A flurry of emotions hit me as I dragged my luggage aboard the Norwegian Sun on a warm Friday afternoon in the San Diego harbor. Jubilant, energized, and anxious all at the same time, I wasn’t quite sure what to expect but whether I was ready or not, it was time – Groove Cruise Cabo 2016 was about to begin and that meant 5 days of non-stop raving to dance music with 2000 people on an all-inclusive international cruise.
Sounds surreal? I imagine the idea probably did to most when Jason Beukema founded Whet Travel, Groove Cruise’s parent company, in 2004. Conceptualizing Groove Cruise based on his own experience with less than thrilling family-style cruise vacations and lessons from working in the travel industry, Jason chartered part of a cruise for 125 of his friends and kickstarted the original dance music festival on sea. Now a floating festival institution, Groove Cruise has set sail close to 30 times from both the East and West coasts of the USA and attracts some of the top DJ talent across the dance music spectrum for its artist lineups.
After locating my room and a quick chat with my new roommate, I donned my newly acquired captain hat (thanks amazon prime) and sauntered out to explore my surroundings. I had never been on a cruise before, but Groove Cruise promised a luxury experience… and they delivered. The Norwegian Sun was a massive 13 deck mega-boat with 14 fine dining and buffet options, two swimming pools, 5 hot tubs, a fully furnished casino, spa and fitness center, shopping galleria, basketball court, and a theatre. The enormity of opulence may or may not have been enough to make this writer suffer a bout of vertigo even before the Sun left dock. Over the course of the cruise, I was pleasantly surprised to find that there was a huge range of price-included gastronomic choices. I could sample chef-crafted salmon at lunch in an elegant restaurant or drunkenly devour chicken nuggets at 3 am with impunity. Truly a perspective-changing experience after enduring PBJ sandwich dinners and half-pitched tents in dusty festival campgrounds over the years.
As an ardent house and trance fan, I was immediately interested in Groove Cruise after seeing their lineup. The festival featured seven stages this year with DJs performing 24/7 for the entirety of the trip. Headliners like Fedde Le Grand, Klingande, and EDX played out in front of the massive open-air oasis pool – the epicenter for Groove Cruise’s famous hedonistic day parties. It was here that you could find partygoers in the most outrageous costumes, giant cardboard cutouts of your favorite DJ, and animated ship crew fervently delivering bottles (on bottles) to swimwear-clad ravers. Absolute Pandemonium was an understatement.
The cruise docked in Cabo for two days but continued the party on land, shifting the main stage to the plush resorts of Me and Breathless. After shuttling onto the pier, shamelessly stuffing my face with tacos, and acquiring a rather large yard drink, I made my way to the resorts where I took in music by Croatia Squad, Dubfire, and Sian and saw an incredible futuristic performer flyboard.
Back on the ship, I found myself spending every late night and early morning at the Great Outdoors stage’s epic sunrise sets in the back (“aft” in nautical talk) of the ship. This was where the seasoned clubbers congregated to the dark, cascading rhythms of extended sets by house and tech-house artists like Anthony Attalla, Mark Knight, and Lee Foss. The vibes instantly had me reminiscing about a blend of nights out in Ibiza, London, and Los Angeles.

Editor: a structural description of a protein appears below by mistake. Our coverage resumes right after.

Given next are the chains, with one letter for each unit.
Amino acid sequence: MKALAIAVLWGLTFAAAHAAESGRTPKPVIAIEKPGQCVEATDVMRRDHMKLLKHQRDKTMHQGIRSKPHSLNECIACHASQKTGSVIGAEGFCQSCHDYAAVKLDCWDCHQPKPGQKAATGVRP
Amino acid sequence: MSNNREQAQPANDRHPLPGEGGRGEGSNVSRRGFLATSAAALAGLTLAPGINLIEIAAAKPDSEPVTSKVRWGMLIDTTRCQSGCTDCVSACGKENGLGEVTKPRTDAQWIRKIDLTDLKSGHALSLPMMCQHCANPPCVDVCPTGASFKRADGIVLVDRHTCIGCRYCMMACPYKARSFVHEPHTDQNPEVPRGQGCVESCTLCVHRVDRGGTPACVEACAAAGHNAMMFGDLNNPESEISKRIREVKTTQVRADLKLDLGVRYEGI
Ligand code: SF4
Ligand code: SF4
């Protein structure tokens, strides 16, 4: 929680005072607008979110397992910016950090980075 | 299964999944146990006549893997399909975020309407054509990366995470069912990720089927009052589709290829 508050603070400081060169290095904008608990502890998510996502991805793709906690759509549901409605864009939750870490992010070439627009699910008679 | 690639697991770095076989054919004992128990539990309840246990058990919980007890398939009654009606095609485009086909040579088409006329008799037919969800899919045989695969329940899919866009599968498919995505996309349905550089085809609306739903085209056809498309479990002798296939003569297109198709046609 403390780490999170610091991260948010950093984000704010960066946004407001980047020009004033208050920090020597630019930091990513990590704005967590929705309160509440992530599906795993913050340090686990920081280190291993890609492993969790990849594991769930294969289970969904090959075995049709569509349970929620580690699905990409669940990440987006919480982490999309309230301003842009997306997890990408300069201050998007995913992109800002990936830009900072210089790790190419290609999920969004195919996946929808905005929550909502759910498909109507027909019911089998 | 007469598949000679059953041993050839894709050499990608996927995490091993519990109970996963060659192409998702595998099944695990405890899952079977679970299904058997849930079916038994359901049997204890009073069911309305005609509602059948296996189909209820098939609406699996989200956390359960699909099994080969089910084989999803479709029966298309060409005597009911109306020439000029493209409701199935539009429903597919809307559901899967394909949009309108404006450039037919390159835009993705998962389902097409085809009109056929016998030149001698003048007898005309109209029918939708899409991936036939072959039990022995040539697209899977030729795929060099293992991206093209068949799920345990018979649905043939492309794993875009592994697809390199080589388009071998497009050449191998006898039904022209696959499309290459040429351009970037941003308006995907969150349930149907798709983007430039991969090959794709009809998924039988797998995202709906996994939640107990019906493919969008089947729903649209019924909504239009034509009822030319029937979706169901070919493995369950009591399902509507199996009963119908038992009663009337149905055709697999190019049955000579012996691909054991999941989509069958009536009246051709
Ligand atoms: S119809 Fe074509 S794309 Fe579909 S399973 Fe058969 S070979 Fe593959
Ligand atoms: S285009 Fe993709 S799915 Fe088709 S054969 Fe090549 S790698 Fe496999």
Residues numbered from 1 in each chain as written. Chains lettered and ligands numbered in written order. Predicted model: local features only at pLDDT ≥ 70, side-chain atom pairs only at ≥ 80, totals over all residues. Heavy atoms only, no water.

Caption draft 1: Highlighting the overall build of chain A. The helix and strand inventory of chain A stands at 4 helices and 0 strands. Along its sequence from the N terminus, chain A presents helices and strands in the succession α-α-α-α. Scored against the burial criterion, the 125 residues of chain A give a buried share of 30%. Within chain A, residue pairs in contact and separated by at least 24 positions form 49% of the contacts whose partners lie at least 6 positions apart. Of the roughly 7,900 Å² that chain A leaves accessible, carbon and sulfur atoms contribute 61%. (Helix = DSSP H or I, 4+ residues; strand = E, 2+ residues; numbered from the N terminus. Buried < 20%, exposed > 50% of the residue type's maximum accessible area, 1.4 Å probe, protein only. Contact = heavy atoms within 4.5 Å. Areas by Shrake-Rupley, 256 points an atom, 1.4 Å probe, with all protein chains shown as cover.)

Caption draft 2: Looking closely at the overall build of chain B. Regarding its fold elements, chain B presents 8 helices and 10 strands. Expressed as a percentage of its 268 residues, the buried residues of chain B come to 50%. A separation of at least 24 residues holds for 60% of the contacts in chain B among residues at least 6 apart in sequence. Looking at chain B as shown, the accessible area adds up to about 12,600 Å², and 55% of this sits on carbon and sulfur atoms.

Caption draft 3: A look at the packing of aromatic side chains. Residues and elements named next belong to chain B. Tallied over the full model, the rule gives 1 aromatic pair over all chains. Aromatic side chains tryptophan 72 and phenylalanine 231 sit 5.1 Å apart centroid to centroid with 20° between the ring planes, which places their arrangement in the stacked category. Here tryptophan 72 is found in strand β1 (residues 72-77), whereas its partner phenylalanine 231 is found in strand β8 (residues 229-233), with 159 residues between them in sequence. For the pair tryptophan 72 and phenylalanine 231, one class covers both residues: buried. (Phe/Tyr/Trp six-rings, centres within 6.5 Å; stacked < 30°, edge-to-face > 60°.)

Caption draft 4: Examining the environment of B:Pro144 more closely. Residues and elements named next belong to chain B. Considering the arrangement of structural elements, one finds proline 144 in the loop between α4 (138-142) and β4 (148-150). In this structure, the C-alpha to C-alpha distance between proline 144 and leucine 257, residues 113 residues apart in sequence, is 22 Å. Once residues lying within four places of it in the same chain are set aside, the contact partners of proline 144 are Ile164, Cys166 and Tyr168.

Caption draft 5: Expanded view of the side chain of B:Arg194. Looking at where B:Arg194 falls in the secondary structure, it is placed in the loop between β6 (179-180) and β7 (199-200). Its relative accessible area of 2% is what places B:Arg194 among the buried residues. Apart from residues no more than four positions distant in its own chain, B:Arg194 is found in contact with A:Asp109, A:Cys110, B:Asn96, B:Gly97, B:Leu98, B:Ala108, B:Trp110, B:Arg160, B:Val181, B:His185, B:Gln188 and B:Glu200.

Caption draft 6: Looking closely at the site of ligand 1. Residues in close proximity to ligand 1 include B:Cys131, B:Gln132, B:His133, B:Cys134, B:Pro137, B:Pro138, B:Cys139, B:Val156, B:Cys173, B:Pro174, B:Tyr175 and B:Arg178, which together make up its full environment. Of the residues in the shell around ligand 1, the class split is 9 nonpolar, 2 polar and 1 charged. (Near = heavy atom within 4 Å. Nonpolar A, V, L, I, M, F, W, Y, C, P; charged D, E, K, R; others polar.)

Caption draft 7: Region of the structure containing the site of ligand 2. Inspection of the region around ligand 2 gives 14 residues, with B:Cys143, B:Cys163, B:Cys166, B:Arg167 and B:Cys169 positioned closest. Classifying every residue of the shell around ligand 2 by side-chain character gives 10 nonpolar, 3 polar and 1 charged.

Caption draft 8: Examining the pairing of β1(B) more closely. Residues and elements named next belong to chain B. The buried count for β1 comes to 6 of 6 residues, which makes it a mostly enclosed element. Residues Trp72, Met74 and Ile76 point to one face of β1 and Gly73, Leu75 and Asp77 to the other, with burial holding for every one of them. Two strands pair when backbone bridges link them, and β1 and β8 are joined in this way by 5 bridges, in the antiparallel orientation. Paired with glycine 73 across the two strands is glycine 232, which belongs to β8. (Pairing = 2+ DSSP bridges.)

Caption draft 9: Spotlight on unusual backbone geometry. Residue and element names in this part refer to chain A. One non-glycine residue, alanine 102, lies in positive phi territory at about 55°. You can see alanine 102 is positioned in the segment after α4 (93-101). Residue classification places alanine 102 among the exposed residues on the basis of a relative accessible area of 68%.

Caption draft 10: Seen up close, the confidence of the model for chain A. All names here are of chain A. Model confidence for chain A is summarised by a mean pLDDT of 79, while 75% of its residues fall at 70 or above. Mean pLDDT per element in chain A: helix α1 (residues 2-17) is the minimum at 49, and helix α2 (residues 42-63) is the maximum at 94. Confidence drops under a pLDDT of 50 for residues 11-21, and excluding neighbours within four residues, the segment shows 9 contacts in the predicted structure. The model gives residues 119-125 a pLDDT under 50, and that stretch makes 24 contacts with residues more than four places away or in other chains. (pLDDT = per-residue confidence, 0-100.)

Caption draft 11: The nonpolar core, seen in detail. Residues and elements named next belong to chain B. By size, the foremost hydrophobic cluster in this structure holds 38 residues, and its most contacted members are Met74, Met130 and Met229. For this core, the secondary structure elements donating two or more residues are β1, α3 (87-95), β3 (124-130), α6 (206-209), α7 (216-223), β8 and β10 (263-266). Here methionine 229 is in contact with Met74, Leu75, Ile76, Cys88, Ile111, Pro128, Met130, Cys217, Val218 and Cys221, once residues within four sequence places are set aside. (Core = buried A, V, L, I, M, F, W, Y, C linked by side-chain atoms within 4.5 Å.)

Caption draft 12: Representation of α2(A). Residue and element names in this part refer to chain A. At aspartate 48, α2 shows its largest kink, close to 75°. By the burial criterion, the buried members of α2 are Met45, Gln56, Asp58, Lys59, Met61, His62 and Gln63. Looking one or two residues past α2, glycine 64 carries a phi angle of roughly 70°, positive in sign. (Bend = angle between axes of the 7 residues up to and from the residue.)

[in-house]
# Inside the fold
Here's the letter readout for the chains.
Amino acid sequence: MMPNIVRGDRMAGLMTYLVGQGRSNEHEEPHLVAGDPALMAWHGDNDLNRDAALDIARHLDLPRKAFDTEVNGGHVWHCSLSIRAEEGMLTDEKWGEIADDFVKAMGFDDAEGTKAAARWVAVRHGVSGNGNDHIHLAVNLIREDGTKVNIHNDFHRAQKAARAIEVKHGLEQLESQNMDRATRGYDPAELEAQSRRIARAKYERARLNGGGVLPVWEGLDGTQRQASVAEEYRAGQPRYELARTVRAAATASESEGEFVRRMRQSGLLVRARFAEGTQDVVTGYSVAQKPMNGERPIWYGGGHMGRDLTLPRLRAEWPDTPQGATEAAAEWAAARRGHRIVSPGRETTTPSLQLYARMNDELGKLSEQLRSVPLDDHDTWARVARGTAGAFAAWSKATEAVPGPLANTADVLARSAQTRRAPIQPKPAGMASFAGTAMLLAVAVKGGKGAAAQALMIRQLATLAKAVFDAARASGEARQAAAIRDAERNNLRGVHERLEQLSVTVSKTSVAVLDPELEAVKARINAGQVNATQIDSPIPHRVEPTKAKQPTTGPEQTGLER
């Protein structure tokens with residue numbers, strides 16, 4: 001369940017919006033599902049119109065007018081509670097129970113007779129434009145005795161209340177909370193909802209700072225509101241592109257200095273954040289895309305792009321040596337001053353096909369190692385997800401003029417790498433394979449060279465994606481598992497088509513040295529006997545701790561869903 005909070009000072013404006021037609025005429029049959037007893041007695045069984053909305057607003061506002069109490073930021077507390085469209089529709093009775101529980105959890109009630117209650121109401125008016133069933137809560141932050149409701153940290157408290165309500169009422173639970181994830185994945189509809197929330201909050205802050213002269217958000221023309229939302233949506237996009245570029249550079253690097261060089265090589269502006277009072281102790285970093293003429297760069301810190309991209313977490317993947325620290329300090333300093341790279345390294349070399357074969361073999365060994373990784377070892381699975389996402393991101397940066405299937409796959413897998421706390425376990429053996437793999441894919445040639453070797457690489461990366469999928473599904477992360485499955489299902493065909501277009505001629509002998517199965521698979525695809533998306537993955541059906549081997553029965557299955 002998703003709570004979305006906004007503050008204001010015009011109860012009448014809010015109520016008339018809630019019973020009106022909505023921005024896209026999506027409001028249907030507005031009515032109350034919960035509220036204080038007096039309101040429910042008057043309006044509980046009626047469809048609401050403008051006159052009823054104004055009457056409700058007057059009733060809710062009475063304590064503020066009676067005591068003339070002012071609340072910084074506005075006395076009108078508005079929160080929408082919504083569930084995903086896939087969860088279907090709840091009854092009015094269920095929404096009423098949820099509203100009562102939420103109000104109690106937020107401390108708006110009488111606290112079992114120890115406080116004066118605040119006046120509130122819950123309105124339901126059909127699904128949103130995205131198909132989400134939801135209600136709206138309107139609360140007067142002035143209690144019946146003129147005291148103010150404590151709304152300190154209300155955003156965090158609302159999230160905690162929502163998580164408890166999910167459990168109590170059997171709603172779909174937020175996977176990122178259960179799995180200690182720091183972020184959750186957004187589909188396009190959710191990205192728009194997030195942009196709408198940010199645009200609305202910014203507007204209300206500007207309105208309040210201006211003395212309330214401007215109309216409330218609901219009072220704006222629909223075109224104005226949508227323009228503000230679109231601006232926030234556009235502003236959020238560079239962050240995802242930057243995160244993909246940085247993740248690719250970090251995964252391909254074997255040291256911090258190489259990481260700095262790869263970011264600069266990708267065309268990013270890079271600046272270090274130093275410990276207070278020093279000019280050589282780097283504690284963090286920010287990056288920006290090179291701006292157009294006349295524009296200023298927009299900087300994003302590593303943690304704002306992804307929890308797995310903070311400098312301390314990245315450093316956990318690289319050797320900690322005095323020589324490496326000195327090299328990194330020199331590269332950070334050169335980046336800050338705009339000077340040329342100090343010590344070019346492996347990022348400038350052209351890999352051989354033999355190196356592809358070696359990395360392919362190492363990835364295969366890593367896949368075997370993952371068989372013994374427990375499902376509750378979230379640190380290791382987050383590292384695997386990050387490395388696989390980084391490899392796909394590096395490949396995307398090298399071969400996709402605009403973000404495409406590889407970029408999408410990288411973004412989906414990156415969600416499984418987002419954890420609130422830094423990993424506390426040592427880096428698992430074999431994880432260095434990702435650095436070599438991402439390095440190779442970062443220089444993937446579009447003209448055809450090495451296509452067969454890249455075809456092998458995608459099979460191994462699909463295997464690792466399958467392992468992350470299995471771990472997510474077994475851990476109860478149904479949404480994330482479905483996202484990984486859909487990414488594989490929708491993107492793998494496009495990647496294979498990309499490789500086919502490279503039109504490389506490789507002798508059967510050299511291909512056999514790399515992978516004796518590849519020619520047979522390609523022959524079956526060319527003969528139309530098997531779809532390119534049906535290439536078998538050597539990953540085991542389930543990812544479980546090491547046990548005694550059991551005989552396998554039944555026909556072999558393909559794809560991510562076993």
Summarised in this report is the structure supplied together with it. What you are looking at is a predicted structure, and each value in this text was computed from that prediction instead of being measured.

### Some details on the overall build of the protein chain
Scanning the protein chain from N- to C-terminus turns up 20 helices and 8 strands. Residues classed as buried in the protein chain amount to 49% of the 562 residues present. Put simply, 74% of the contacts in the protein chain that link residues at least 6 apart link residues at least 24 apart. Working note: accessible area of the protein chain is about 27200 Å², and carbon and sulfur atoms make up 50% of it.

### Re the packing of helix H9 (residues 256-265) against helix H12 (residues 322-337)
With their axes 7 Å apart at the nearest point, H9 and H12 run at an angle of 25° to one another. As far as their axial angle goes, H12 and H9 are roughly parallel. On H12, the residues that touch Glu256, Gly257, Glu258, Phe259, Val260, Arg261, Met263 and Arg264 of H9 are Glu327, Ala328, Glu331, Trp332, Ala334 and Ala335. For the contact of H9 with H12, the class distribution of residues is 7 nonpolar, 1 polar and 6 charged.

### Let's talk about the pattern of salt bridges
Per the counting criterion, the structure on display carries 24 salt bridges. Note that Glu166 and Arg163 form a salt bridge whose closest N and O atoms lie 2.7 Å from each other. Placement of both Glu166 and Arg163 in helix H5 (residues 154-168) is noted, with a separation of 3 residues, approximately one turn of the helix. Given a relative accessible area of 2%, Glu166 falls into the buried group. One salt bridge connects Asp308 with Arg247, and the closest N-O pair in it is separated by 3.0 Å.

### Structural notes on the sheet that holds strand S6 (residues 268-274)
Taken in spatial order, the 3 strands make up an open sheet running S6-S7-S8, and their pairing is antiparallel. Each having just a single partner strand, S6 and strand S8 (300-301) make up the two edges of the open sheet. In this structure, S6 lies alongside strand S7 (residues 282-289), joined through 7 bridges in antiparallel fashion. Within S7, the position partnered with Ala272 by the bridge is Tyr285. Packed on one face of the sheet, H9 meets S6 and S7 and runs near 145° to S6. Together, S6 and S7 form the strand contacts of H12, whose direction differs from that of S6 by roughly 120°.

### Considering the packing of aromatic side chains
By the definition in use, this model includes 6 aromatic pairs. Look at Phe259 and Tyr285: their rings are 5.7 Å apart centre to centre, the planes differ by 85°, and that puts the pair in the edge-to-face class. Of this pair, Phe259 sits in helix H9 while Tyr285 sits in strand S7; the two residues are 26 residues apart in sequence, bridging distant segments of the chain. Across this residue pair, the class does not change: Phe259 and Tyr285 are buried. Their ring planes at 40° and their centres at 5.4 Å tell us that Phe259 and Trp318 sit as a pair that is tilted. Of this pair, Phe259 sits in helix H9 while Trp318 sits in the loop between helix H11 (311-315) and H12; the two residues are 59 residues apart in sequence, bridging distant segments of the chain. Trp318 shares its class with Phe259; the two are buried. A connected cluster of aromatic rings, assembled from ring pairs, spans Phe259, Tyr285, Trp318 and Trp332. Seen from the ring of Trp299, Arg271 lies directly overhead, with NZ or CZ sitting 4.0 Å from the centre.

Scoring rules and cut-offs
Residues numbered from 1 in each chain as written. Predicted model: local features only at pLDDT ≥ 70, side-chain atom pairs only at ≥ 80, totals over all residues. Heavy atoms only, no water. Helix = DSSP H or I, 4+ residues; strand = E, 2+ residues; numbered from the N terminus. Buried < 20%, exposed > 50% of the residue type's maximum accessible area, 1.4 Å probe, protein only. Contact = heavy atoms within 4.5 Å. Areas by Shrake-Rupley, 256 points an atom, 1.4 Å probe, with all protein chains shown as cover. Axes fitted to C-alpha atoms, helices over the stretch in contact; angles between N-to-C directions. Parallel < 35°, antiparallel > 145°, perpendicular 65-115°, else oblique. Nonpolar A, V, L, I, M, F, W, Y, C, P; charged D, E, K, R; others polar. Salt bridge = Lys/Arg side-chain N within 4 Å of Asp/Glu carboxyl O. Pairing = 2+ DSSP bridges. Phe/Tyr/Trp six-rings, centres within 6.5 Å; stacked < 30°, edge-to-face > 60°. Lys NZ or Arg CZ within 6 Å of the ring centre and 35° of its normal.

One of the most unique and incredible aspects of Groove Cruise was the interaction with the performers and DJs. While artists are normally shepherded from airport to backstage at most festivals and barely visible from the crowd during their sets, Groove Cruise does things differently. Artists actively participate in the experience – partying with the attendees and competing in massive twister and volleyball games. It was wonderfully bizarre standing in line at the buffet behind Shaun Frank or casually chatting about a soccer match with Mark Knight in an elevator. Groove Cruise makes a concerted effort to treat all the attendees like VIPs and it showed. Setting a new record for my most unforgettable experience was rising DJ, Josh Philips’ immensely underrated casino set. The few fans that were there got to experience an absolutely unreal costumed dance off and a behemoth of a b2b (x6) set by Josh Philips, Arty, Feenixpawl, Pierce Fulton, Jason Forte, and Paris and Simo.
Reflecting back on my experiences, it’s clear that Groove Cruise’s greatest strength lies in its community. Perhaps it’s because attendees are older (and more mature?) on average or that 5 days on a ship forces you into a Stockholm syndrome-like sense of camaraderie, but the fan-named, organically inspired “GC Fam” was incredibly welcoming and friendly. It was not uncommon to meet people who had attended several times and the GC fam community was always brought up as the prime reason. And while partying was obviously at the forefront of the cruise, it was refreshing to see that the community rallied behind other more altruistic experiences. Attendees had the opportunity to participate in the Whet Foundation, Whet Travel’s nonprofit, which organizes clothes and school supplies for underprivileged children in the areas that the cruises visit.
Groove Cruise offers something different to the jaded dance music aficionado. Yes, its pricey and you’ll probably get back to shore with the worst hangover of your life, but you will never experience 120 hours of dancing and debauchery in a setting like this anywhere else.
Tickets are on sale here for Groove Cruise’s next departure: Groove Cruise Miami 2017 to Grand Turk from Jan 23 – Jan 27.
Photos courtesy of Groove Cruise & @veranmiky / Veranmiky